Abdominal aortic aneurysm (AAA) disease is an insidious condition with an 85% chance of death after rupture. Ultrasound screening can reduce mortality, but its use is advocated only for a limited subset of the population at risk.


    We used data from a retrospective cohort of 3.1 million patients who completed a medical and lifestyle questionnaire and were evaluated by ultrasound imaging for the presence of AAA by Life Line Screening in 2003 to 2008. Risk factors associated with AAA were identified using multivariable logistic regression analysis.


    We observed a positive association with increasing years of smoking and cigarettes smoked and a negative association with smoking cessation. Excess weight was associated with increased risk, whereas exercise and consumption of nuts, vegetables, and fruits were associated with reduced risk. Blacks, Hispanics, and Asians had lower risk of AAA than whites and Native Americans. Well-known risk factors were reaffirmed, including male gender, age, family history, and cardiovascular disease. A predictive scoring system was created that identifies aneurysms more efficiently than current criteria and includes women, nonsmokers, and individuals aged <65 years. Using this model on national statistics of risk factors prevalence, we estimated 1.1 million AAAs in the United States, of which 569,000 are among women, nonsmokers, and individuals aged <65 years.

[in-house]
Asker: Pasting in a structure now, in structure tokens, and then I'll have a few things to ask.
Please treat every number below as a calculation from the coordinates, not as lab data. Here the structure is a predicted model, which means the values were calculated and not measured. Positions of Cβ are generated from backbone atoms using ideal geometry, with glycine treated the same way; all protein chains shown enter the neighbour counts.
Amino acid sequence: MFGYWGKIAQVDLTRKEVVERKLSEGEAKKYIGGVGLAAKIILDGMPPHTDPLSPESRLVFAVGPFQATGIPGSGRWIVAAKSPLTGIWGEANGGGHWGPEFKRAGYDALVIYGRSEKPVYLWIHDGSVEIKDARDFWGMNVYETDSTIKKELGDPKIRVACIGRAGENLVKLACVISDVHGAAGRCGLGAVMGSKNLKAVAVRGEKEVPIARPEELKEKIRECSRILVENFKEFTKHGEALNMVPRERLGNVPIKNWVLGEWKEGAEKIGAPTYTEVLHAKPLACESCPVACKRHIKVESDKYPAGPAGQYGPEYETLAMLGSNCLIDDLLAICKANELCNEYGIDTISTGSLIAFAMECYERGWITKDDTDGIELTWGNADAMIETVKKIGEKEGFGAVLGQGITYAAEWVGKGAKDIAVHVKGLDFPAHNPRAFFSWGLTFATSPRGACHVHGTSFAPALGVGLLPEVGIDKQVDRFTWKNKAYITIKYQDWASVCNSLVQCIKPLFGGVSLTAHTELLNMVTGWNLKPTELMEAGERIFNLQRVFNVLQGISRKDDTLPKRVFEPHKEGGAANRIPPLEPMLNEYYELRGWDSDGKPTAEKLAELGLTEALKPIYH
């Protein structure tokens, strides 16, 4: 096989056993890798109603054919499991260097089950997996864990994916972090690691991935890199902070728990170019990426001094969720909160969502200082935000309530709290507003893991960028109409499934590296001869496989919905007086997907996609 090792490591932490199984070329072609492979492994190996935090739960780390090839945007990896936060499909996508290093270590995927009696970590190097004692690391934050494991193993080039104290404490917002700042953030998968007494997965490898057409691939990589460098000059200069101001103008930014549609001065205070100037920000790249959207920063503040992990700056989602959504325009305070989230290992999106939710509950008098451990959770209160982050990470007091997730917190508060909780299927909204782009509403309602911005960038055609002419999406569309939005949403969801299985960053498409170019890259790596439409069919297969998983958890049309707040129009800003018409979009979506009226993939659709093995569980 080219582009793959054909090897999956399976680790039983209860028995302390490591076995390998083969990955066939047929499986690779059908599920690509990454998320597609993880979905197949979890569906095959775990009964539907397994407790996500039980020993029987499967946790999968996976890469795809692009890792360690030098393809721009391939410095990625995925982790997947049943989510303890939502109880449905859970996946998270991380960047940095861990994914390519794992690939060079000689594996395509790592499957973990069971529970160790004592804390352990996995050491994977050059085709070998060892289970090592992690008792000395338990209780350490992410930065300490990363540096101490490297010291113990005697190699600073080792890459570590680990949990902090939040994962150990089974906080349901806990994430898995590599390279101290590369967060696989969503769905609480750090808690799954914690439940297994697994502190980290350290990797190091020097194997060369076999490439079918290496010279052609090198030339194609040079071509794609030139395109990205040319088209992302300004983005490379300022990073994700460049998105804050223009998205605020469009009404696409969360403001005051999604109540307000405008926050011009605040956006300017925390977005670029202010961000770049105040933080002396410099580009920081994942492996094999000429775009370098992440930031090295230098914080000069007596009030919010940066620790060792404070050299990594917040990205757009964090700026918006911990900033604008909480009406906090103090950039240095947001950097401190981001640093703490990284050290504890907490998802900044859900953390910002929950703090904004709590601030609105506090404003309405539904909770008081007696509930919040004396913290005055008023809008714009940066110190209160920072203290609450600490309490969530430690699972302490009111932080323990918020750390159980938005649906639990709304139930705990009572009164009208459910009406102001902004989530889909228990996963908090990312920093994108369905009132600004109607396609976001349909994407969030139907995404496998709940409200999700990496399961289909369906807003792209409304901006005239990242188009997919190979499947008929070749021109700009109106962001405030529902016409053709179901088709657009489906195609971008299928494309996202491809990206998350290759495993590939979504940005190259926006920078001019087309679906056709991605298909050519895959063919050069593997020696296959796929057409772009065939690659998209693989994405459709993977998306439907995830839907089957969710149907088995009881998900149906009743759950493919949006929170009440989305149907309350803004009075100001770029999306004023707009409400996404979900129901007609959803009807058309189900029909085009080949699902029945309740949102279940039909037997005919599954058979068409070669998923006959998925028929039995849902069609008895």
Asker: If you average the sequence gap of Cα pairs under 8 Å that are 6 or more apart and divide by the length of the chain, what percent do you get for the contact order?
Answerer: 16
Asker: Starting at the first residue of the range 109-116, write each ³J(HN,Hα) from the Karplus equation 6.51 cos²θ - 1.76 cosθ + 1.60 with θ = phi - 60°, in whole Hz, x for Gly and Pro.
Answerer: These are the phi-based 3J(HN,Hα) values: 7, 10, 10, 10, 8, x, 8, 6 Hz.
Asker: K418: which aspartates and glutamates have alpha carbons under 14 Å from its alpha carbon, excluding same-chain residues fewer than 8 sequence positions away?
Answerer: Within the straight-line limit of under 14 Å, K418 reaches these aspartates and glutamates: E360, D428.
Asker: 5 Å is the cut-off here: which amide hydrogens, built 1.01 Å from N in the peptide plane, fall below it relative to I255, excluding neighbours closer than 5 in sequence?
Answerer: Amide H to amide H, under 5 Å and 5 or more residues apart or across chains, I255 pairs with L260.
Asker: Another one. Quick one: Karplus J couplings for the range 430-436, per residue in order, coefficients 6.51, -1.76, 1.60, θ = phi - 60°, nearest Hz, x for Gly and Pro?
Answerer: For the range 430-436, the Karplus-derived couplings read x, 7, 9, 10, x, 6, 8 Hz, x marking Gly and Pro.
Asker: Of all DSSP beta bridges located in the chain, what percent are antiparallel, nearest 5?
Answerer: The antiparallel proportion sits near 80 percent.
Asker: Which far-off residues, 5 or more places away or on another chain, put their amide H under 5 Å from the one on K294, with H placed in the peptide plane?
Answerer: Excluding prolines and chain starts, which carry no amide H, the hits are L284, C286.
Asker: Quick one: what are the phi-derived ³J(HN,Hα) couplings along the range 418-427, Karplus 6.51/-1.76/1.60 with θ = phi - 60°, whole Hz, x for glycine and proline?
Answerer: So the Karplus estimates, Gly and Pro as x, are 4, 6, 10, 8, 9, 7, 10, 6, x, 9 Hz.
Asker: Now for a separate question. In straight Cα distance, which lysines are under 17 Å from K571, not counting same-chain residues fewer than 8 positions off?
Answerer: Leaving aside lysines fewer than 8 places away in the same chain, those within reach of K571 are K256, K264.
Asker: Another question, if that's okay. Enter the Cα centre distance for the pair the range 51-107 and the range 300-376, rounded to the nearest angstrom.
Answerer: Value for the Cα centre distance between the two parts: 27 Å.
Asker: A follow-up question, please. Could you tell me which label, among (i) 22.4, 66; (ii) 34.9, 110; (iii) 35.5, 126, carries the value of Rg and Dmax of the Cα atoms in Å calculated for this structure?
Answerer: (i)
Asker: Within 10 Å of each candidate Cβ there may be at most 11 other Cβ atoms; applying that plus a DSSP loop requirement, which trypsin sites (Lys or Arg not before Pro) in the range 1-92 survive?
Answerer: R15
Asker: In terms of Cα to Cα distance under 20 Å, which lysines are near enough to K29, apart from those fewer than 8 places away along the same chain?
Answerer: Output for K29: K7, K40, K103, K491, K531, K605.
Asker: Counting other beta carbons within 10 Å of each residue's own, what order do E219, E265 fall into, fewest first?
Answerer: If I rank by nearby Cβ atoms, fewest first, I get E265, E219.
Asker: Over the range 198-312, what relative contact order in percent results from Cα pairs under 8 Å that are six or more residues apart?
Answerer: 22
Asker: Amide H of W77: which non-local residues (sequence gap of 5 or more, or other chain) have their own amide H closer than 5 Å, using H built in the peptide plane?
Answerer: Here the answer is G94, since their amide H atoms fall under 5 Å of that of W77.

Smoking cessation and a healthy lifestyle are associated with lower risk of AAA. We estimated that about half of the patients with AAA disease are not eligible for screening under current guidelines. We have created a high-yield screening algorithm that expands the target population for screening by including at-risk individuals not identified with existing screening criteria.

  3. Thanks, Dan. I’ve forwarded the note to Joe. I also found a nice article in Heartwire on the paper. In truth, I am completely in favor of more and better data to improve screening. What I’m completely opposed to is when a company or other interested group or groups hijacks the process.

  4. Larry, I have found many AAA in patients who would never be candidates based on the USPSTF criteria. I can understand the wariness among many about industry pushing a screening test (kind of like how drug companies advertise on TV for lipitor, huh?). But if it leads to increased detection of a potentially preventable adverse event, together with increased referrals (and therefore better risk factor modification, something that has been documented once AAA has been detected and referred), then I am all for it. Patients should not get stenting or surgery for AAA<5.5 cm unless they have other risk factors for rupture (such as rapid growth in the past year of serial scanning, a family history of rupture, and possibly women and smokers). In most hands they wouldn't. If this leads to harms (and AAA surgery does carry a 5% risk of mortality in good hands), then it's a shame. But compared to the massive underdiagnosis of AAA (ie most ruptured AAA occur in patients with unknown disease who could have been scanned/studied, and most ruptured AAA 85-90% are fatal), I don't think it's such a bad thing. If Pfizer set up a cholesterol-screening tent in K-mart, I don't think people would complain. Erectile dysfunction drug makers are all over questionnaires for detecting ED; Sanofi-Aventis flogs peripheral arterial disease on commercials because clopidogrel was proven beneficial in PAD in the CAPRIE study. etc. etc.

  5. Joseph Ross says: